- Live Review
- 02 Jul 22
The Soul Train To Boogie Wonderland
As is often said and much remarked upon, I love the nightlife, and I got to boogie, and if you know of a better sound for the getting down than Nile Rodgers and Chic then do let me know. The setlist they’ve honed to perfection – and it’s the same one you probably hear every time, but when you’ve got it right, why change it – is hard to believe when you see it written down. There are just too many hits. Muhammed Ali didn’t throw out this many hits. We’ll put a playlist at the bottom of this review. It’ll make your day.
Decades ago, when Rodgers and his pal Bernard Edwards were both touring with the band New York City, Rodgers, at both Edwards' prompting and because the guitarist in the support band on a stop in Miami sounded better than he did, traded in his Barney Kessel guitar for the cheapest Fender Stratocaster he could find. With a few modifications, it’s the same guitar he still uses. He calls it The Hit Maker. Rodgers didn’t so much find a new instrument in that pawnshop as a a magic wand and with it he’s cast more spells than Paul Daniels, Dr Strange, and The Great Gonzo combined. Using its power, he’s made more people smile than Santa Claus, and with it he could, if he chose to, make the dead get up and dance. When the sad day arrives, hopefully many years hence, that Rodgers is no longer with us, they should put the Hit Maker in a glass case and allow us mortals to genuflect in front of it like the holy relic it is.
Of course they’ve taken as many seats as possible out of the 3Arena, giving the people room to move. We’re sat upstairs and, for tonight at least, we can only look jealously down at the floor, which has transformed into the biggest nightclub I’ve ever seen, a sea of grinning faces who know what’s coming. All class of folk, the young and the once young, are already swaying in anticipation. There’s one gent a row or two in front of me who must be pushing eighty, but this won't stop him cutting an admirable rug once things get going, the hero.
Like everyone else in the country, I’ve seen Chic a few times since they started up business again, so I too know what we are about to receive. There’ll be none of that “here’s one off the new album” guff which always causes a stampede towards the bar. Don’t bore us, get to the chorus? Chic songs have more hooks than a pirate convention. It’s all killer and no filler. Do I have to tell you about the time I excused myself from the company of some TV star and some sports star – I didn’t recognise either of them, my pal The Coff had to laughingly tell me who they were, I may have had a few refreshments – because I needed space to get down to Chic in a field in Laois, or the time, a few years later, when I ended up on stage with them, throwing shapes for the edification of all and sundry? Of course I don’t, because most of you have similar stories. Here’s some proof anyhow.
Anyway, back to tonight, there’s two mirror balls on the floor, on either side of the stage and what looks like the control room from a movie about the Apollo missions to the right to take care of the sound. There is a massive roar when the lights go down, the legend ‘Nile Rodgers Chic’ comes up on the screen behind them – in sequins, of course – and there they are; vocalists Kimberley Davis and Audrey Martells looking beyond glamorous in what appear to be chiffon dresses, given that photoshoot effect by two strategically-placed electric fans. In between them is Mr Rodgers – neat dreads, natty hat, sunglasses, sharp suit, white guitar, so cool he could put Zanussi out of business. They do some quasi YMCA moves and the first strutting/walk/dance to opener ‘Chic Cheer’ and Rodgers' chicken-scratch guitar carries ‘Dance, Dance, Dance (Yowsah, Yowsah, Yowsah)’. Frankly, given what comes after, these are probably two of the weaker songs offered tonight, but they’re still great and the 3Arena has an atmosphere akin to the last day of school with months of summer holidays stretching beyond it.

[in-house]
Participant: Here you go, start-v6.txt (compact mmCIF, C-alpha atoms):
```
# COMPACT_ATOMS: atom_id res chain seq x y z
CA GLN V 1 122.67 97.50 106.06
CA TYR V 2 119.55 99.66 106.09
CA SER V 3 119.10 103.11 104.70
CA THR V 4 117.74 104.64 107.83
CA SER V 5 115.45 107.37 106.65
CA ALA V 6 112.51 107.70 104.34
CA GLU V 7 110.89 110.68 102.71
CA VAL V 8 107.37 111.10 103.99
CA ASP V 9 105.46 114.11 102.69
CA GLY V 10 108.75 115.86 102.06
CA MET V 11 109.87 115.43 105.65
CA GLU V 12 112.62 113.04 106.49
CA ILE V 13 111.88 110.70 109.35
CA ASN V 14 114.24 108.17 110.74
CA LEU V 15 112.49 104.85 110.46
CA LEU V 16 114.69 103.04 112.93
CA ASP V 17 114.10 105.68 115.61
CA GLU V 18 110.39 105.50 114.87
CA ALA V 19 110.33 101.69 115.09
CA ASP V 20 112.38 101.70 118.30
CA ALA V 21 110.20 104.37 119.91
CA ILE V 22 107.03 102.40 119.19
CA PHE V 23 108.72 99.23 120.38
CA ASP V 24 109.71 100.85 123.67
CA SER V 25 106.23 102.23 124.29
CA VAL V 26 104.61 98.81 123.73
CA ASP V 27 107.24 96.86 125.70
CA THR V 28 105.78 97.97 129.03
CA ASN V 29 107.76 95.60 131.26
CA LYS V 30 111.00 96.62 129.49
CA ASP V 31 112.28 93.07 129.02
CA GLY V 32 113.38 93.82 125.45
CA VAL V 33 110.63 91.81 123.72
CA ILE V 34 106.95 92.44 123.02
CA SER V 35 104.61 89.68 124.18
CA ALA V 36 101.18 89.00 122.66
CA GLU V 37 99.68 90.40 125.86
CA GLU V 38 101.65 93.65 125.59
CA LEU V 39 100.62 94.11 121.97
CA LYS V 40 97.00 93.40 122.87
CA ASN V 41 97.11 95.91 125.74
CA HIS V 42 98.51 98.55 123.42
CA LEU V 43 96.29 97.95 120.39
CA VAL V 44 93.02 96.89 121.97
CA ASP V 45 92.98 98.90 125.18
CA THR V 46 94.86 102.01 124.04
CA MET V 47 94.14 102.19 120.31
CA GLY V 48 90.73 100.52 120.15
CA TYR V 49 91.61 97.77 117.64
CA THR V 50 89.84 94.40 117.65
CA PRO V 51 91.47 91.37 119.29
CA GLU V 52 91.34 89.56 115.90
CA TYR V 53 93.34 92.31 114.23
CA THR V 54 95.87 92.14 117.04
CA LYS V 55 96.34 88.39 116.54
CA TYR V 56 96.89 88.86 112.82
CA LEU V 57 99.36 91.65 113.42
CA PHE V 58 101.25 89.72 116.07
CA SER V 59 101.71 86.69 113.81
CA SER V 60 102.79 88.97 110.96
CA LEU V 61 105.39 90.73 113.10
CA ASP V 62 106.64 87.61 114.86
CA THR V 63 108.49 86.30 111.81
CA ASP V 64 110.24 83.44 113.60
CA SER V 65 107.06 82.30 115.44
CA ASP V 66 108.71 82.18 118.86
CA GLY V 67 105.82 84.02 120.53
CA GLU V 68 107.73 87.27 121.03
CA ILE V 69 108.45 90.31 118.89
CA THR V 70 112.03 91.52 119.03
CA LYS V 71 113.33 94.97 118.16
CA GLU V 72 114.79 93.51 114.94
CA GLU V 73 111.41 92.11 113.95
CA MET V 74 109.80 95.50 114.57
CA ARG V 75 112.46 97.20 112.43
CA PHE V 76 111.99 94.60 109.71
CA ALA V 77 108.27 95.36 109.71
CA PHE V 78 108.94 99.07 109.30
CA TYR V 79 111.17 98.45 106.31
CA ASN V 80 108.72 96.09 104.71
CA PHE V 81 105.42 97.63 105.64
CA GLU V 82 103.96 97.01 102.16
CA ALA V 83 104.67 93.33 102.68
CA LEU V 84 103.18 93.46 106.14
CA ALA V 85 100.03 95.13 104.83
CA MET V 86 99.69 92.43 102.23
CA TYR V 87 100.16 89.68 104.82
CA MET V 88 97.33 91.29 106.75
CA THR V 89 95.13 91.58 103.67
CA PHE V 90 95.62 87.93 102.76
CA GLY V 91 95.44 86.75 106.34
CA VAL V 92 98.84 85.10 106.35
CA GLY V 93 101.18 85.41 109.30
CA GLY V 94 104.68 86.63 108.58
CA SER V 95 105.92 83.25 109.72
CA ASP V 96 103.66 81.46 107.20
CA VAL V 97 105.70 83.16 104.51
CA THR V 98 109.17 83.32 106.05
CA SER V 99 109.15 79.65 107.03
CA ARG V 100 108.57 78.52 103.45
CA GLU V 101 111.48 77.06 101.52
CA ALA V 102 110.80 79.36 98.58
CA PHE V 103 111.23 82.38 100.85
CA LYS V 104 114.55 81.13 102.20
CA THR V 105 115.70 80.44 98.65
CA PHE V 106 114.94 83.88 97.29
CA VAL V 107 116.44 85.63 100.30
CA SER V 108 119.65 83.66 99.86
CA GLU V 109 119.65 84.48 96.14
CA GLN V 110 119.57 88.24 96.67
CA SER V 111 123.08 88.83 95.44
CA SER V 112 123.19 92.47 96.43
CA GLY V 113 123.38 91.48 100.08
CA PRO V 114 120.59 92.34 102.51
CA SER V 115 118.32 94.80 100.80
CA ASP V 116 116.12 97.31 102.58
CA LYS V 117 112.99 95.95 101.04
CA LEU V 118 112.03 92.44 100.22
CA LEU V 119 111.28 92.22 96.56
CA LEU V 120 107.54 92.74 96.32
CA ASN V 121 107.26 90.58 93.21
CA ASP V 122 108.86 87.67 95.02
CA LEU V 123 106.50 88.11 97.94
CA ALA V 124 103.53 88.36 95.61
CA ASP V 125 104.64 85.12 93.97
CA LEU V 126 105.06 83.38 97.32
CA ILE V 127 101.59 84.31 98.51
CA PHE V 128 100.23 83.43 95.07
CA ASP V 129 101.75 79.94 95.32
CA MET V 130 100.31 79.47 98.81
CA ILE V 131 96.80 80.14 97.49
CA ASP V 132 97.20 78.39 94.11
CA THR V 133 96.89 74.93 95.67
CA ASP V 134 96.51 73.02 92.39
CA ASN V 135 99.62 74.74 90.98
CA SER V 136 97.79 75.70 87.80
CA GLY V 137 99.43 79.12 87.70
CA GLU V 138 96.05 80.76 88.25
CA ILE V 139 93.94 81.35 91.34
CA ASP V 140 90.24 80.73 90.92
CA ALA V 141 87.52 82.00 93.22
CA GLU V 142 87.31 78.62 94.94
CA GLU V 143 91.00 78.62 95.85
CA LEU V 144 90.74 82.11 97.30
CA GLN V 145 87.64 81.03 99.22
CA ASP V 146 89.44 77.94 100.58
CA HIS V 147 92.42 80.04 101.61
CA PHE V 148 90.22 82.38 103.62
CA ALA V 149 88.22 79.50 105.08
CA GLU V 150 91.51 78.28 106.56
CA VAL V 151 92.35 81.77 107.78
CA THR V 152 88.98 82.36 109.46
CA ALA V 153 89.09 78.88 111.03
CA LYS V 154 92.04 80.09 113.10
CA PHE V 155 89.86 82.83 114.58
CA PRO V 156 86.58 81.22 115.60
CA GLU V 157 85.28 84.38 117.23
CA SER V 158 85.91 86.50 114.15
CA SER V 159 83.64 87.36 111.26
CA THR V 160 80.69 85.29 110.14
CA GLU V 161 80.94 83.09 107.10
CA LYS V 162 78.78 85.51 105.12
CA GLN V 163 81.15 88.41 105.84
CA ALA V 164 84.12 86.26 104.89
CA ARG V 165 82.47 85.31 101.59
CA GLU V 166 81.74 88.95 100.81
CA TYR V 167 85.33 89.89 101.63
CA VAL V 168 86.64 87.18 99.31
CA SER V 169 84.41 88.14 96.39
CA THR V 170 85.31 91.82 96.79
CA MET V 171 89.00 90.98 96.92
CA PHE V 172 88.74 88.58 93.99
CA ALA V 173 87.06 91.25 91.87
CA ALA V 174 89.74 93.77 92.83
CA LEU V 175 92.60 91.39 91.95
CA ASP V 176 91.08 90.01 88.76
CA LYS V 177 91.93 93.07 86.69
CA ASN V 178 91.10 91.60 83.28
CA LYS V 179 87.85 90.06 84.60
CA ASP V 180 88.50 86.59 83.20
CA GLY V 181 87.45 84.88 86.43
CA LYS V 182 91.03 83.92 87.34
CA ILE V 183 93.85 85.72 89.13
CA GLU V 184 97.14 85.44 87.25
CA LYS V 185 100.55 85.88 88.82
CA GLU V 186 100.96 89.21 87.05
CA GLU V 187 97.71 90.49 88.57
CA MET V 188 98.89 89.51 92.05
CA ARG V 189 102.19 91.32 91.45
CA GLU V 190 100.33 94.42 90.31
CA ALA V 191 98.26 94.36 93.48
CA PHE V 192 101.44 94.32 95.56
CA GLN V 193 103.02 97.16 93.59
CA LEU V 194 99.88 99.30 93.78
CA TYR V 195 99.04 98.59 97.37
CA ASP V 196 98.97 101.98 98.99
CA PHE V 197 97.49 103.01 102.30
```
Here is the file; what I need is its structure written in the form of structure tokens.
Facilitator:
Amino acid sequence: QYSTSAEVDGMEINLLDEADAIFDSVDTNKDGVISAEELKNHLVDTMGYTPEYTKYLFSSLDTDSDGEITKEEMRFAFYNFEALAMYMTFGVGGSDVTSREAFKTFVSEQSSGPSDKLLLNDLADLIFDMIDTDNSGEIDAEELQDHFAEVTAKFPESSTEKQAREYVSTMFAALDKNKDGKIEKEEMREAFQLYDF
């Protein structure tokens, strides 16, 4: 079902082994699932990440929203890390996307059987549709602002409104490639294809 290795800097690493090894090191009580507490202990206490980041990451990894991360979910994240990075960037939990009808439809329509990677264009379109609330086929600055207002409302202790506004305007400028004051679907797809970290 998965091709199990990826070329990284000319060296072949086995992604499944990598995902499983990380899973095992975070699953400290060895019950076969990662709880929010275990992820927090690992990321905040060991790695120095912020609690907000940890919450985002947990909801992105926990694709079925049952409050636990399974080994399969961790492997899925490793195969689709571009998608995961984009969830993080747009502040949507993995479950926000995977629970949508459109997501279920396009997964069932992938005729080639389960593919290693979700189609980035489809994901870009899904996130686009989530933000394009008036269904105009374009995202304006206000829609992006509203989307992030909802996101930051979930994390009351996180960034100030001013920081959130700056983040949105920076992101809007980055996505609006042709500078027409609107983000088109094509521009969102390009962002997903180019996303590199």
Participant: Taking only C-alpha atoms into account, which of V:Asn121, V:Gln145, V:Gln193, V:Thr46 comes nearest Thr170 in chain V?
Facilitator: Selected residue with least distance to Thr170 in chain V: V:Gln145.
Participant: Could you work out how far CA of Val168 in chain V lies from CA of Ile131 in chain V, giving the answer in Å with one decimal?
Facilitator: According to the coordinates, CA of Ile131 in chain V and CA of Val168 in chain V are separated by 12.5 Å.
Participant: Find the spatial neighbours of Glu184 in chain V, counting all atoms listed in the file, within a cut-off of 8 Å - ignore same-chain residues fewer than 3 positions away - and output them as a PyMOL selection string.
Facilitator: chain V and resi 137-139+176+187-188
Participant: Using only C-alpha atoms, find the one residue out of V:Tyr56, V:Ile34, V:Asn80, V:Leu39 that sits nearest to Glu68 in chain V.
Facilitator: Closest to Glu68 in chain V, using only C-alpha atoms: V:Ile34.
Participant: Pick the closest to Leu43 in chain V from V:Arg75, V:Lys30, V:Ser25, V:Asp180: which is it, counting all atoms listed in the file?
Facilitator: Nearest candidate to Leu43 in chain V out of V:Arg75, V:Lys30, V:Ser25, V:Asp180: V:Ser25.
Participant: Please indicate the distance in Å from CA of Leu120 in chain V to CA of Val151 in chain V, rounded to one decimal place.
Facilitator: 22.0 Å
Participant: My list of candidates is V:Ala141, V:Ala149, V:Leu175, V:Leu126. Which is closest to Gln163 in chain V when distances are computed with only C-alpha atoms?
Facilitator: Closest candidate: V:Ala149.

Drummer Ralph Rolle earns his pay for an irresistible ‘Everybody Dance’ alone, and then the horns blast into ‘I Want Your Love’. This is ridiculous. If you had two shattered legs, with multiple fractures, encased in rigid plaster, you’d still be up and moving. Rodgers and bassist – although that word doesn’t really capture his symbiotic relationship with his instrument – Jerry Barnes come out for the first but not the last time and have a casual jaw-dropping duel, making competitors, not that there are any, sound like they’re playing with broken fingers.
“You know my name is Nile or you wouldn’t be here,” says Rodgers – fair enough – before telling us all how happy they are to be in Dublin before listing some of his many collaborators, but he didn’t come to talk about his “wonderful life”, as great as it sounds, he came to play. Good. Tonight we’re his collaborators, apparently, which suits the thousands of ecstatic dancers here just fine. A medley of ‘I’m Coming Out’ and ‘Upside Down’ – both taken from Diana Ross’s 1980 album Diana, Rodgers displeasure with the master tape’s remixing long forgotten - nearly knocks the walls down. Rodgers' deftness with minor seventh chord riffs is more inventive than Thomas Edison and Barnes steps forward in the latter to slap his bass like a bold child. Without a breath, they go into Sister Sledge’s ‘He’s The Greatest Dancer’ and before we can even fathom what’s going on, they’re into a monumental ‘We Are Family’. The crowd shift into another gear they weren’t even aware they had while a globe with a heart on it spins on the screen in the background. It should be noted that at no point in the show do any of the band members – including Rodgers – turn up on that screen. Why? Perhaps because it is the groove, the funk, the music itself that is the real star. This is an ensemble playing and singing together, not an excuse for the cast to indulge in long and unnecessary solos, although they of course could, and knock you over while doing it.